The first-tier IP VPN players are Cisco Systems, Check Point, Nokia and Nortel Networks. All held strong market share positions at the end of 2001. Over the next few years, these companies are expected to lose a few market share points to the second tier of competition -- Symantec, SonicWALL, and NetScreen. All vendors are focusing on the key competitive factors: price, performance, manageability, breadth of product line and ease of setup.

The VPN market is shaking out. In 2001 and early 2002, 17 companies were acquired by larger vendors. For the most part, the merger and acquisition spree is over, as the first- and second-tier companies have attained comfortable positions in the market. Acquisition poses little threat to existing customers, since acquiring companies generally work closely with the acquired customer base. For example, SonicWALL, which acquired RedCreek, and Secure Computing, which bought Network Associates' Gauntlet line, have been quick to provide information and support to their newly acquired customers.

The first- and second-tier vendors have made great efforts to fully develop their product lines to address price/performance points. These include the expansion of product lines to include SOHO and telecommuter devices on one end and ramping up development of high-performance devices on the other. Third-tier competitors can't match this range. Although each vendor tries to develop products that offer unique functionality and/or special value, the fact is that VPN technology is becoming a commodity. Vendors will begin to struggle to differentiate themselves as today's new product features become standard among competitors. Examples of this are:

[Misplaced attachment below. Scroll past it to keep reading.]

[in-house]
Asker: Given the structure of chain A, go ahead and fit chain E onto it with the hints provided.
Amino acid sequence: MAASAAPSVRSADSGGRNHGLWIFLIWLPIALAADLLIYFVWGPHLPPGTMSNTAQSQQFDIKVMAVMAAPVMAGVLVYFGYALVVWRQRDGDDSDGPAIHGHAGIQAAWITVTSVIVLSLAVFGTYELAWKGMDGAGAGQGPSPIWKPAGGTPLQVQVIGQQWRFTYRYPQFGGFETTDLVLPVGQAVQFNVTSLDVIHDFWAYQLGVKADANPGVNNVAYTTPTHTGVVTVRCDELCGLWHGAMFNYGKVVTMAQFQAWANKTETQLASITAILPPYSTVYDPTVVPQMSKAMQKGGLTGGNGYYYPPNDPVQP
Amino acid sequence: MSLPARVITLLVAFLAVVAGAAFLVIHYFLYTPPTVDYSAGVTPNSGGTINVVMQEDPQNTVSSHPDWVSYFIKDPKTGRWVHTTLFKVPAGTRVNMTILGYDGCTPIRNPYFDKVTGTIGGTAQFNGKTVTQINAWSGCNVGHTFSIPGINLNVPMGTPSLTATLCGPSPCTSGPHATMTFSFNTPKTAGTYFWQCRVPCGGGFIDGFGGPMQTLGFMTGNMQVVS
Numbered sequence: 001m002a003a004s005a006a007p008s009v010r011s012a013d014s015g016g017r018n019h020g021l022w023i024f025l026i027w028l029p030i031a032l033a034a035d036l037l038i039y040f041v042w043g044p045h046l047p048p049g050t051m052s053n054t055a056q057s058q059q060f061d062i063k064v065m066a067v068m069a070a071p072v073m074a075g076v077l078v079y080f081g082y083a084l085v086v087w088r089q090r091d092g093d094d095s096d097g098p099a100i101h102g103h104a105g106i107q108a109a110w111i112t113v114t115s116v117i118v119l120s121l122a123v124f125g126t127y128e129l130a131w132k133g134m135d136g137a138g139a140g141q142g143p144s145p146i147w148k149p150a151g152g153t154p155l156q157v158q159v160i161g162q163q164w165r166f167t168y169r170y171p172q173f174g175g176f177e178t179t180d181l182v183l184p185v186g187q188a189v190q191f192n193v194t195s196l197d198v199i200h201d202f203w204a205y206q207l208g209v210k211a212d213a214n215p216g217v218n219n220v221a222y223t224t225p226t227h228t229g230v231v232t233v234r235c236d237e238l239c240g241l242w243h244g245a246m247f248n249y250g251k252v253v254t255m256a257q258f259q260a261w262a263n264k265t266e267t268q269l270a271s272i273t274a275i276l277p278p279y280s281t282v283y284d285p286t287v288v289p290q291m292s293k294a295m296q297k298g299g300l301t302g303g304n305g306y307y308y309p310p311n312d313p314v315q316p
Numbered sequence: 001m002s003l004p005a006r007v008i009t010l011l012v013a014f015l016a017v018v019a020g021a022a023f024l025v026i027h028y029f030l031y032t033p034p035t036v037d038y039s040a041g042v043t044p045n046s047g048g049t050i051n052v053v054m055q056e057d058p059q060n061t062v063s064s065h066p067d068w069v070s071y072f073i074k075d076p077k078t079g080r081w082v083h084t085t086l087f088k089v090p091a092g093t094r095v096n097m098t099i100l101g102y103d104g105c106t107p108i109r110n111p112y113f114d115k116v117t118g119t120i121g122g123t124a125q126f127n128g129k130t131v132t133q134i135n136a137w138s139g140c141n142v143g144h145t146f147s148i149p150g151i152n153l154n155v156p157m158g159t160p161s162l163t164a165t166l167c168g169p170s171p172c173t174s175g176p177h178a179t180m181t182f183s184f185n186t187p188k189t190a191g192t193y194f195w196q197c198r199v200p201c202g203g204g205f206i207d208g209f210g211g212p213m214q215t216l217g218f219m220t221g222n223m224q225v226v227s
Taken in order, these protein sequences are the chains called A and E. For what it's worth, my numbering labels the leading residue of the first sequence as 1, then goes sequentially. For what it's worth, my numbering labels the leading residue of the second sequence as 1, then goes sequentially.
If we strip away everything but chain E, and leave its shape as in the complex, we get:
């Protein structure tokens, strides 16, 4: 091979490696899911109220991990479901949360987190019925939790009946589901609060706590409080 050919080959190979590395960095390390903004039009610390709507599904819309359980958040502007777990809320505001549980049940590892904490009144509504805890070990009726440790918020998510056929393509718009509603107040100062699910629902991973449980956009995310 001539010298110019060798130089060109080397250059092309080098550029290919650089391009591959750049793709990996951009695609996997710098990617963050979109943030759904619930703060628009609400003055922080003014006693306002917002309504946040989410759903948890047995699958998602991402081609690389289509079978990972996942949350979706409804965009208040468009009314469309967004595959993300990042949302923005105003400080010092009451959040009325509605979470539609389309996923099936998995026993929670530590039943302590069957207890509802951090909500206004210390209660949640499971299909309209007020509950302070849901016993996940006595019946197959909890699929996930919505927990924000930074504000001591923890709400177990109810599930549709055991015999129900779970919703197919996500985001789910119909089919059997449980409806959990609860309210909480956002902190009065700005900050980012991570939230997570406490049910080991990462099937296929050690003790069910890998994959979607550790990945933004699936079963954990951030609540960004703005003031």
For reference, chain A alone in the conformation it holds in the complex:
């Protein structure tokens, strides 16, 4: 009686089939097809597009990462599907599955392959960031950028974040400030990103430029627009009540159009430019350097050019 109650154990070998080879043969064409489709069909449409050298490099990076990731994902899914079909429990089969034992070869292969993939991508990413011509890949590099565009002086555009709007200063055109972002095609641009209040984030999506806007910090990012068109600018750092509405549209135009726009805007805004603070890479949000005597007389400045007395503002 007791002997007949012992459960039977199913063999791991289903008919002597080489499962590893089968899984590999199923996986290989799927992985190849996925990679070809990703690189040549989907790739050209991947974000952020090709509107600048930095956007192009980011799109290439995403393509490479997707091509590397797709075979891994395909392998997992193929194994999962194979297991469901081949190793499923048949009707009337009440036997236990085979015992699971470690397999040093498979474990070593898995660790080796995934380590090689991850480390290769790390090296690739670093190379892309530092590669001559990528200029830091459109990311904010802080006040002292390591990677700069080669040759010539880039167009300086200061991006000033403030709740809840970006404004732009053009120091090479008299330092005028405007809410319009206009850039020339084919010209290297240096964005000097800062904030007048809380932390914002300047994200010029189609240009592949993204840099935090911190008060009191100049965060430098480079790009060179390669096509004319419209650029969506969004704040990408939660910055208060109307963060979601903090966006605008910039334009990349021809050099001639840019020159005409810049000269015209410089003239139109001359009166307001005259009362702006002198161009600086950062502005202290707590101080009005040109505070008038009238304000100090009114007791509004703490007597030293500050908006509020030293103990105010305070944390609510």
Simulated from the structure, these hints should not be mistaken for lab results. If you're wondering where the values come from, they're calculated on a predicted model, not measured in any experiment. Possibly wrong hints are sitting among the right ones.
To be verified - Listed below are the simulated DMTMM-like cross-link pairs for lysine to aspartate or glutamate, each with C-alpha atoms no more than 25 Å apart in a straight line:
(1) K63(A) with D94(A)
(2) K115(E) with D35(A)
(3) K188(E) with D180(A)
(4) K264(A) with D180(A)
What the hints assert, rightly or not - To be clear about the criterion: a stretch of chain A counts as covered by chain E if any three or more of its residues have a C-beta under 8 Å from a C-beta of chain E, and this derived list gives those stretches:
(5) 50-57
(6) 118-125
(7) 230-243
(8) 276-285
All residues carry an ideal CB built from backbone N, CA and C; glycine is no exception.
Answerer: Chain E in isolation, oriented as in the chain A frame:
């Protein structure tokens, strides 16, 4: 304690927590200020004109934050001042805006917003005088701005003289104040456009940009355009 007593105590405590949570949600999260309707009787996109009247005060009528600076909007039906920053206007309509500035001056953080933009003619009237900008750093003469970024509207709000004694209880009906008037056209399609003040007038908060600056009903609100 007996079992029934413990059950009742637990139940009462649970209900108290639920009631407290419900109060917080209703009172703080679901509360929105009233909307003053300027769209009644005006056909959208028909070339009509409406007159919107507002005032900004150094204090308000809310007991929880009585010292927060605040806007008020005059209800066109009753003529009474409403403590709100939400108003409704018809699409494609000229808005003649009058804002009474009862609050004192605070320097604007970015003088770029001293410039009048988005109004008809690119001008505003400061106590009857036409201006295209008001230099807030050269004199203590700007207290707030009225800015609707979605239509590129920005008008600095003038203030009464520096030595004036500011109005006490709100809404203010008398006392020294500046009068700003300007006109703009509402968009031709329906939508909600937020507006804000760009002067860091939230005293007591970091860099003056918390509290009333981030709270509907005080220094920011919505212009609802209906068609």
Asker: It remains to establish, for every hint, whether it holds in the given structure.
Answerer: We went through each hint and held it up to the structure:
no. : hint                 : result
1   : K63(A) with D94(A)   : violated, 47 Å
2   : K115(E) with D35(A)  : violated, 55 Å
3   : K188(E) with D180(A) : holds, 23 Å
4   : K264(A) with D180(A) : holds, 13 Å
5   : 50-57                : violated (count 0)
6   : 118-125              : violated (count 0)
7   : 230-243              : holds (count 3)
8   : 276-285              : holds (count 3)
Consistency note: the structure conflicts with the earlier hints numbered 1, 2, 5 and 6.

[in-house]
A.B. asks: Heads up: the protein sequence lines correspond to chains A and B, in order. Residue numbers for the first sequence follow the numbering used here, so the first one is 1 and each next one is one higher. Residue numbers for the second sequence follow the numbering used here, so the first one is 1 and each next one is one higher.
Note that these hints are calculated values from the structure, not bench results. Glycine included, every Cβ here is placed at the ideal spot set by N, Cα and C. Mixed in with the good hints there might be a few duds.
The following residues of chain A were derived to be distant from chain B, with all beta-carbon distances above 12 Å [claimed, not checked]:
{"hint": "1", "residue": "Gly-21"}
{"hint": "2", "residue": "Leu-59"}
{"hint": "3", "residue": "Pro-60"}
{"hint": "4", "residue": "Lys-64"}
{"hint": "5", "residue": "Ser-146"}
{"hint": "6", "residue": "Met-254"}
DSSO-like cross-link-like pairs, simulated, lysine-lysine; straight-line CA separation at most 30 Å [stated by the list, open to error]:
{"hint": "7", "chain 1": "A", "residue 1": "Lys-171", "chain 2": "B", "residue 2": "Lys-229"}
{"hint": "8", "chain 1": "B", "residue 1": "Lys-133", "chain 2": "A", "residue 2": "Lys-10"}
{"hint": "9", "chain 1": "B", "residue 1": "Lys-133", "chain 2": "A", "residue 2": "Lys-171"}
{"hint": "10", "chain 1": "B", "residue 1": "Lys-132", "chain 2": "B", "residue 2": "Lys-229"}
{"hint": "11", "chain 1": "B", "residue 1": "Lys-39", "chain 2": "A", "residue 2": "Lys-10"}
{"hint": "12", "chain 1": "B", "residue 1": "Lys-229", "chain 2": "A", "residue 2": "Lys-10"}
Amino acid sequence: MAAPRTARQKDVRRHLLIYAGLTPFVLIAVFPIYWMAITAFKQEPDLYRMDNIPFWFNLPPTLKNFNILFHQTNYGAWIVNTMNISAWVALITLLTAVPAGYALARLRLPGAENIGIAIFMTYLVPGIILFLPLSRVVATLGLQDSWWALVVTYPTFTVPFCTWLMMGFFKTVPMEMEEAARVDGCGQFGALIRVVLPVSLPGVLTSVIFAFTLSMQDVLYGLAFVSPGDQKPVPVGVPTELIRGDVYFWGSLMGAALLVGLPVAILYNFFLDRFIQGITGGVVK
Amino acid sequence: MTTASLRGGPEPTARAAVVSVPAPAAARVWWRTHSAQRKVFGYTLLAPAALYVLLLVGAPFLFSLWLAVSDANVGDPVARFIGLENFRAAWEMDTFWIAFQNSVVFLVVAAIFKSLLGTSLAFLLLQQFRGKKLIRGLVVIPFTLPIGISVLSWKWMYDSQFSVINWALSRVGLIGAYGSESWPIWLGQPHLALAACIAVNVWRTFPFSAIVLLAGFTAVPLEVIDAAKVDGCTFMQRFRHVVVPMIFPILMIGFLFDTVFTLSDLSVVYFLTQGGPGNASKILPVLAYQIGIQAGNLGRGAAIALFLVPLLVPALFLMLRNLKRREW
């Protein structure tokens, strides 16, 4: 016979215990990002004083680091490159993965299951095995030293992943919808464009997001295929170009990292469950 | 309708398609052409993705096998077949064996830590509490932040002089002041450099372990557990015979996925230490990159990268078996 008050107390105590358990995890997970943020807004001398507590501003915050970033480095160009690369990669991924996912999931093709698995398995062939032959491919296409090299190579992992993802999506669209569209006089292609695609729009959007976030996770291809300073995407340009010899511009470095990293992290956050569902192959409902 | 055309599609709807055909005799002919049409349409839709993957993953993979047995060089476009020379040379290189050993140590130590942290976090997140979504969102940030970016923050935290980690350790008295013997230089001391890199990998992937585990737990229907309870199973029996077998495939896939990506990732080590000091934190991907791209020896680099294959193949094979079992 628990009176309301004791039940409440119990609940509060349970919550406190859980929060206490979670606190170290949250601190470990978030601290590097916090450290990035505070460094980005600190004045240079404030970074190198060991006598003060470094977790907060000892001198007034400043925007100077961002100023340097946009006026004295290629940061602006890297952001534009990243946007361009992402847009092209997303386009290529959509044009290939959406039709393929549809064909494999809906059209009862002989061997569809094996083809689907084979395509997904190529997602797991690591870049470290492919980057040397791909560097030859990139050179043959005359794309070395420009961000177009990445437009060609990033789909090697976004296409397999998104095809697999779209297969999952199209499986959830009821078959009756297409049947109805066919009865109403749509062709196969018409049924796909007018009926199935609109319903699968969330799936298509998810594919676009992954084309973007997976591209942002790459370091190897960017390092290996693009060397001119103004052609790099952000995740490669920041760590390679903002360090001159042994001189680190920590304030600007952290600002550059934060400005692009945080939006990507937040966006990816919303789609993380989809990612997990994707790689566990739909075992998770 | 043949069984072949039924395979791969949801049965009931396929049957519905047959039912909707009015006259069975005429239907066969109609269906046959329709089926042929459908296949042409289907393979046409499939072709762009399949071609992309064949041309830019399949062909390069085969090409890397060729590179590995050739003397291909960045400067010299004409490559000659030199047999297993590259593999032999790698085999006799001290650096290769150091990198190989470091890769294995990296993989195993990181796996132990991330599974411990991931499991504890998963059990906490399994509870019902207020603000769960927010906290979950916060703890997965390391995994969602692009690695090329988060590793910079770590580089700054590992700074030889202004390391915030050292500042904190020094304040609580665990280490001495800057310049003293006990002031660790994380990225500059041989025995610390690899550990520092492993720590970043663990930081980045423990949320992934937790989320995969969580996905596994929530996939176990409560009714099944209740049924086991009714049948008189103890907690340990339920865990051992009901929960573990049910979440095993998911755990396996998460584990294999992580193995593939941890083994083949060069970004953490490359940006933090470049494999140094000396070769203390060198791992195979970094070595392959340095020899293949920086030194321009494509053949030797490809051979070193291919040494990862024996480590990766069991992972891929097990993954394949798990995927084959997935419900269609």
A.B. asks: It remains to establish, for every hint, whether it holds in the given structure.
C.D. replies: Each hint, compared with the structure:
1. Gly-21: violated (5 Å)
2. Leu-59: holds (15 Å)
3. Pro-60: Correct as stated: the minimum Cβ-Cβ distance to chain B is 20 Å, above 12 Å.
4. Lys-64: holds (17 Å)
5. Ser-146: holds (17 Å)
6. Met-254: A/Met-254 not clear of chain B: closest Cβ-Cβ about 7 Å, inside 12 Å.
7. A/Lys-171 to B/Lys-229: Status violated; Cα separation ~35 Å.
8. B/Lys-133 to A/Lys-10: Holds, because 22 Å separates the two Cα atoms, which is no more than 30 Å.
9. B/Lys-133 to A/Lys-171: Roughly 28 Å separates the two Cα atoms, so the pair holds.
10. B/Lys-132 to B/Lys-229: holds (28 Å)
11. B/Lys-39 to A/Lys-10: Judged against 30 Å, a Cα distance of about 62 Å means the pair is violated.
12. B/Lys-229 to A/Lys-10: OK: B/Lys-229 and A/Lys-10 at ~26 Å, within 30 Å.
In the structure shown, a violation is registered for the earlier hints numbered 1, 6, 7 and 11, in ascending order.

• Performance. Many vendors sell 100 Mbps TripleDES equipment, while most enterprises have only 1.5 Mbps Internet connections. Performance will become even less of an issue as vendors begin to support the newer AES, which improves performance by a factor of three over TripleDES.
  • Features. Load balancing and high availability are becoming standard.
  • Application integration. Most vendors partner to offer AV and content-filtering options.

To one-up the competition, some companies may start bundling full management console capability with VPN devices. While VPNs generally include modest management capabilities, many companies sell more robust management consoles separately. In most cases, these management consoles cost as much as the VPN appliance, so a bundled offering might be an attractive lure.

Overall, the strong levels of competition in the VPN market are generating rapid product development. The next stage in the product life cycle will begin to drive down prices. As vendors fight this trend by attempting to add features and capabilities, VPNs will become more powerful and simple to use. With the combination of low cost and high functionality, VPN devices will become an increasingly attractive solution.

About the author: Jason Wright is an industry analyst and program leader of security technologies for Frost & Sullivan, an international marketing, consulting and training company.

This was last published in June 2002